Heartbreak for Holly Bradshaw as she suffers freak accident in practice jump

Bradshaw pulled out of the pole vault after landing awkwardly in Eugene.

By Press Association Published: 16 July 2022 - 6.00am

Holly Bradshaw saw her World Championships dreams disappear after a freak accident.

The 30-year-old, who won pole vault bronze at last year’s Olympics, snapped her pole in her final practice jump on Friday in Eugene and was forced to retire injured.

It broke as she planted it in the box and Bradshaw landed awkwardly on the back of her neck while also hurting her arm, back and hamstring.

“I was absolutely gutted, I was heartbroken, I was crying in the box, sobbing. It was a massive, massive shock.”
- Holly Bradshaw

Bradshaw quit with this summer’s Commonwealth Games and European Championships in mind as her hopes of a maiden World Championships medal ended on day one.

She said: “I was absolutely gutted, I was heartbroken, I was crying in the box, sobbing. It was a massive, massive shock. I’ve felt really good for the three weeks coming into this.

“It’s the first time it’s ever happened in my career, so it’s a great time for it to happen. I hope it never happens again.

“It’s just really, really, really unfortunate timing but I’ve come back from worse. I’ve still got the Commies and the Euros. I’ve had a preliminary medical exam and it’s nothing too serious.

Great Britain’s Holly Bradshaw celebrates bronze in the Women’s Pole Vault Final at Olympic Stadium on the thirteenth day of the Tokyo 2020 Olympic Games in Japan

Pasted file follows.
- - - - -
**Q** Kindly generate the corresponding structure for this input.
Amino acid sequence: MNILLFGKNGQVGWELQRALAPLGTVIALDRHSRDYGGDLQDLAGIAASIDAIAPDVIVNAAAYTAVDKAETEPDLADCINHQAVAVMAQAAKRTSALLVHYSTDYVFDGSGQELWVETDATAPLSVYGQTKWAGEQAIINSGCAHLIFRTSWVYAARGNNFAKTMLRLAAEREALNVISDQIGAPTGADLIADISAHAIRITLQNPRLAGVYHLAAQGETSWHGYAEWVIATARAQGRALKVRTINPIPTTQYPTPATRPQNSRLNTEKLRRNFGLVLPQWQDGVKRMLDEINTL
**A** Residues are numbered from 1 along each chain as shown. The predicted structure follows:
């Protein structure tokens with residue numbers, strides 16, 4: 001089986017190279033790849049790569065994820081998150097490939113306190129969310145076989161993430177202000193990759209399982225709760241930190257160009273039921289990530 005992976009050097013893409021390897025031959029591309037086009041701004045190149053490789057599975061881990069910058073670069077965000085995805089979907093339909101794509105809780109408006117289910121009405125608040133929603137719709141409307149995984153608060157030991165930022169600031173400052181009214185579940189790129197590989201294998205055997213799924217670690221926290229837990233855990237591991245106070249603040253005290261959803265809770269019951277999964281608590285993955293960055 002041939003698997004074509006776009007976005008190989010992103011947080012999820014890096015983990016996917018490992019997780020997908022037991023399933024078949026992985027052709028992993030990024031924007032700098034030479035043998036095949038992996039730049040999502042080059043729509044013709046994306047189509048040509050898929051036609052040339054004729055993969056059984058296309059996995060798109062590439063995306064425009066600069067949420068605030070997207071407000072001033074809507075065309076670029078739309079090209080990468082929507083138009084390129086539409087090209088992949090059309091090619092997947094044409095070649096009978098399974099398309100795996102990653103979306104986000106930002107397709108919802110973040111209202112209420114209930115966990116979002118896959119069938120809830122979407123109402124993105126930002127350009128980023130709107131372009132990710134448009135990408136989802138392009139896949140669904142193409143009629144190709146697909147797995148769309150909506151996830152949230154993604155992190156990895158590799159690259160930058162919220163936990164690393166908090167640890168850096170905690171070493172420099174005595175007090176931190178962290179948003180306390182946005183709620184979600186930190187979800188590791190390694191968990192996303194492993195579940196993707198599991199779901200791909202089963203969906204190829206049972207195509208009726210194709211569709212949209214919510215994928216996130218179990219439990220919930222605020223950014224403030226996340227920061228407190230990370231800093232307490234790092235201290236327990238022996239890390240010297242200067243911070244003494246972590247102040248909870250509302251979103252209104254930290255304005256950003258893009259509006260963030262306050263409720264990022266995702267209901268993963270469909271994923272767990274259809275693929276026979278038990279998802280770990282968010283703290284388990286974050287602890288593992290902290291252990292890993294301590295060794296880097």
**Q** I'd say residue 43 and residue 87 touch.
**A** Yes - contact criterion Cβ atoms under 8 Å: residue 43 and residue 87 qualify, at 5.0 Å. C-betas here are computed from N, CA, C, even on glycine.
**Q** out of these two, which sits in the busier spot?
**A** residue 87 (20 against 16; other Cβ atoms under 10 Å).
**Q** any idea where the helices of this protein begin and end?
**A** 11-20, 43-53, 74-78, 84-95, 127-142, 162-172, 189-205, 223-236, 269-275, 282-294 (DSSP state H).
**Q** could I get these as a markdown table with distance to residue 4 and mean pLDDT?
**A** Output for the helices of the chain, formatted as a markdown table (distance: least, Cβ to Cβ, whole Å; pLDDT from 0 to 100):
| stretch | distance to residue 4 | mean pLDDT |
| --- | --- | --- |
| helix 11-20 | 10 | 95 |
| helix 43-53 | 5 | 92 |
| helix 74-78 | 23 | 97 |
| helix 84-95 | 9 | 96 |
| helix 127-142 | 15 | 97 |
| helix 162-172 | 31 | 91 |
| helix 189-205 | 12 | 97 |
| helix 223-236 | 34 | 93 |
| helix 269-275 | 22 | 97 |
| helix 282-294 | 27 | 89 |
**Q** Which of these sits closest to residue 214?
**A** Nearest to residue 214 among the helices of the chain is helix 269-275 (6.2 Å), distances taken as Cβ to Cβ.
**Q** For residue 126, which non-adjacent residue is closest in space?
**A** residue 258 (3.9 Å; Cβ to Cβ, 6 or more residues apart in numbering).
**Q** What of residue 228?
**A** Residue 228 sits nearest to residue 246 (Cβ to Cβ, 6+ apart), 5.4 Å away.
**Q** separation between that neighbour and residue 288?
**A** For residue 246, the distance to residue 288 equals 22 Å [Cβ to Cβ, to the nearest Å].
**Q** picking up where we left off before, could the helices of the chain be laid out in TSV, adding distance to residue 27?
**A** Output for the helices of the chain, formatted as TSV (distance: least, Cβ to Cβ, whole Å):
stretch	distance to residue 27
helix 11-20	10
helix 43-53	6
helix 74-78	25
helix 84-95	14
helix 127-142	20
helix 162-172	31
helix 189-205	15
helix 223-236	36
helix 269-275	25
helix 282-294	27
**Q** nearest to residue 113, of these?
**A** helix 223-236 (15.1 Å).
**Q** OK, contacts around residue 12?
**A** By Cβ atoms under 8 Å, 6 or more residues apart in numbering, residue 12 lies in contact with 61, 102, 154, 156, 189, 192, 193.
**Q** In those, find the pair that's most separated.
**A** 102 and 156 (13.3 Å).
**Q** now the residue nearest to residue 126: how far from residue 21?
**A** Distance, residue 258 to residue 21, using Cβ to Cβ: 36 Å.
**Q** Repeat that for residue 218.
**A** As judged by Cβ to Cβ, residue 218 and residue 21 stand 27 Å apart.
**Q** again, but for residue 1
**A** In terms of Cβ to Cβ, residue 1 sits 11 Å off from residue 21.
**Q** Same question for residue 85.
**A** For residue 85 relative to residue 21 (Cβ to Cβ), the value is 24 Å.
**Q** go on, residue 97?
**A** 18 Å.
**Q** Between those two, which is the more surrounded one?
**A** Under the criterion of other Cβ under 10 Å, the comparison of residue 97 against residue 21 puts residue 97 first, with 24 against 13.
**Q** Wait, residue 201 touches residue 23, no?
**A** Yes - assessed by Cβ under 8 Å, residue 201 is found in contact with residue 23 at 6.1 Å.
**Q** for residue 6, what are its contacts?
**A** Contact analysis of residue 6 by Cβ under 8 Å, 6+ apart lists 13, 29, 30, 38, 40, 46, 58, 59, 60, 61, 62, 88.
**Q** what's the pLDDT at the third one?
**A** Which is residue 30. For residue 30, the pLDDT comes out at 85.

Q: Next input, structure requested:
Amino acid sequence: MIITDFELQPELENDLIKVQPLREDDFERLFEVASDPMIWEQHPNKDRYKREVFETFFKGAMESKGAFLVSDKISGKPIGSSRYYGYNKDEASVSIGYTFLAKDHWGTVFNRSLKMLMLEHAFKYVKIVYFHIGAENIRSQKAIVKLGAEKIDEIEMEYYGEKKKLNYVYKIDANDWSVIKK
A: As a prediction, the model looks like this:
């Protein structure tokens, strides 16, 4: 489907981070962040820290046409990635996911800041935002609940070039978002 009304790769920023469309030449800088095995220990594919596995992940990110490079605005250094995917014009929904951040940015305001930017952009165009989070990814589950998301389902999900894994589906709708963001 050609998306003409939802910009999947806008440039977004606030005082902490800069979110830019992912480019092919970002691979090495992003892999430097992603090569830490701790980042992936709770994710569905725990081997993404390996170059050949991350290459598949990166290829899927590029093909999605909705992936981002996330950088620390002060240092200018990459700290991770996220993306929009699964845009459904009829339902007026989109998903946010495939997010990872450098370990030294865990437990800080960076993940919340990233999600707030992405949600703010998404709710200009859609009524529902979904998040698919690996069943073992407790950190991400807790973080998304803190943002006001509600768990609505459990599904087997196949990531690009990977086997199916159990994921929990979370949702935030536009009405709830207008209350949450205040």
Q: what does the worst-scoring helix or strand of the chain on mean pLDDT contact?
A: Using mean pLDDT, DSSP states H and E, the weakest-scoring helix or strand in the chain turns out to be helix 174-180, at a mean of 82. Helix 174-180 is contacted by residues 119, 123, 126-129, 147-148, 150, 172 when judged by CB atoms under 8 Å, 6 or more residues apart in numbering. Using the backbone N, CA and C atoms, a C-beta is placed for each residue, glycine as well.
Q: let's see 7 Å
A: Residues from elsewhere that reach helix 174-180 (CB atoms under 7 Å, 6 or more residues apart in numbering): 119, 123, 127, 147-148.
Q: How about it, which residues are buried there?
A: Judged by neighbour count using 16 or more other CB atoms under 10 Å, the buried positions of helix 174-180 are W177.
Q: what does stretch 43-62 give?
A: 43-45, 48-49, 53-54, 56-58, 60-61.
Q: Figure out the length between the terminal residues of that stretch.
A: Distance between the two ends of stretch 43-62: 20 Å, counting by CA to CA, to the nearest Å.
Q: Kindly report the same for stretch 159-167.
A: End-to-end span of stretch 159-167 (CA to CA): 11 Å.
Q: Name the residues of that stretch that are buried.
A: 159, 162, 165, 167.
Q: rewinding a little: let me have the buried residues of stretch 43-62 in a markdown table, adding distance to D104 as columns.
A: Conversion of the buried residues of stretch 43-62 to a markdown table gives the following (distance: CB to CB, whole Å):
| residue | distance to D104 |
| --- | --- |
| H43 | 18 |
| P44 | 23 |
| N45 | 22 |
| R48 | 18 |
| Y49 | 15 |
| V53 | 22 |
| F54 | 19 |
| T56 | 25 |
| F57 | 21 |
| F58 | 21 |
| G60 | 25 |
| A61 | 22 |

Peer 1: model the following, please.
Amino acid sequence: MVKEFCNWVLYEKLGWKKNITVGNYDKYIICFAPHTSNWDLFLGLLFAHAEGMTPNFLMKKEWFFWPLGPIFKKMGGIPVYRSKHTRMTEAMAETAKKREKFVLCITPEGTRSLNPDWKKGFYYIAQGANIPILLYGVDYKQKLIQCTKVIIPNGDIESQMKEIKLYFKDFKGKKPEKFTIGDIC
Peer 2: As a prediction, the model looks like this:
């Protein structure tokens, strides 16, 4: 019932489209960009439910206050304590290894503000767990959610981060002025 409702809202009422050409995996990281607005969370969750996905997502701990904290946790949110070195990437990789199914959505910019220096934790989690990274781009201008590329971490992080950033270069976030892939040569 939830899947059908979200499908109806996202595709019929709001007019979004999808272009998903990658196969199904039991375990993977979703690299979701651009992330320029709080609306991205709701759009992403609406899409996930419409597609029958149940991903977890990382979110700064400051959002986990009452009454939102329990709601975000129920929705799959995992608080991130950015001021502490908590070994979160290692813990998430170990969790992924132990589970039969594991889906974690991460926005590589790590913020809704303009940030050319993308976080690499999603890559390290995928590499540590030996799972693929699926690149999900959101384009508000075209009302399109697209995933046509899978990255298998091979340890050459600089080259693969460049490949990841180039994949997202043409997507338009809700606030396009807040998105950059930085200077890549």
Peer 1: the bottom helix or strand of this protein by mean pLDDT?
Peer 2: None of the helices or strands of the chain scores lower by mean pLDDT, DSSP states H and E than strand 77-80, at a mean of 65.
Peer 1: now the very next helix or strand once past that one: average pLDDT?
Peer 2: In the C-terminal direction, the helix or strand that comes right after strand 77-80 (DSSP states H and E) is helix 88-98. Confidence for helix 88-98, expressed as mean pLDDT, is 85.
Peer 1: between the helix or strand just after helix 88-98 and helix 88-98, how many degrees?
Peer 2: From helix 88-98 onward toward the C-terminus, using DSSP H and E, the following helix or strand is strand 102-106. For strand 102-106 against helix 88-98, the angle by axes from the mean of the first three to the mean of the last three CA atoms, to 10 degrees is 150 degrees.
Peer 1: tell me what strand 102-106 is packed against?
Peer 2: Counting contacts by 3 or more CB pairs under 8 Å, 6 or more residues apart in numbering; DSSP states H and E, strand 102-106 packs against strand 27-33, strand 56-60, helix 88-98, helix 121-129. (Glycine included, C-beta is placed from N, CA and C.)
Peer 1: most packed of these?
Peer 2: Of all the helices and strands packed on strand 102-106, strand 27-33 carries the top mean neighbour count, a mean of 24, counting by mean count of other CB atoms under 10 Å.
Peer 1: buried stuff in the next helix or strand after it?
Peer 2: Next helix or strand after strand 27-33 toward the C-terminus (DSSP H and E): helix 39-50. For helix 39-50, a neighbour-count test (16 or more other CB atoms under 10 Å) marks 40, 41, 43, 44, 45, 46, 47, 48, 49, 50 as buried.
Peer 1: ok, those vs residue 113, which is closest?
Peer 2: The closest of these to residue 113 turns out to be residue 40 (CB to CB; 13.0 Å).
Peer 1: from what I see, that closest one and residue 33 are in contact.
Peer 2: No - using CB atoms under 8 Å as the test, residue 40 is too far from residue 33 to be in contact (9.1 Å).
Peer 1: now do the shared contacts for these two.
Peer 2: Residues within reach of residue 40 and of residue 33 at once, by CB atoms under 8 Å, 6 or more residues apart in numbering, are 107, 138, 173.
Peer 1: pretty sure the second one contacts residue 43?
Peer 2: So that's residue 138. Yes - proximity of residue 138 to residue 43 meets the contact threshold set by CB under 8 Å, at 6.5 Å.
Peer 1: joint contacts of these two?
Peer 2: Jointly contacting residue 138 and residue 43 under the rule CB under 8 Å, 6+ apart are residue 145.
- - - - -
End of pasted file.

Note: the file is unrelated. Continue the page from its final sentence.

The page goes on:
The 30-year-old won pole vault bronze in Japan last year (Martin Rickett/PA)

“I’m going to get more checks tomorrow and hope it’s nothing bad and I come back for Commies and Euros. It feels out of my control. This year has been a challenge and it’s just another thing for me to negotiate past.

“There was no way I could know that was going to happen. It’s such a freak accident. It’s just one of those things that absolutely sucks

“It’s been a rocky season and a lot of things haven’t gone my way but the last three weeks have been great. I thought I could have done 4.50/60 today clean in qualification and then challenge for medals in the final.

“I am that point in my career now where if I am not battling for medals, I can’t put myself in that position and I am not going to take any risks. That is the decision I made.”

Coach Scott Simpson added: “I don’t know if there are words to describe it. I was in a little bit of shock, it took me by surprise, you never expect a pole to blow up like that. My immediate reaction was: ‘Is Holly OK?’

“I was worried she had done something really, really bad and I am just grateful she is not more seriously hurt.”

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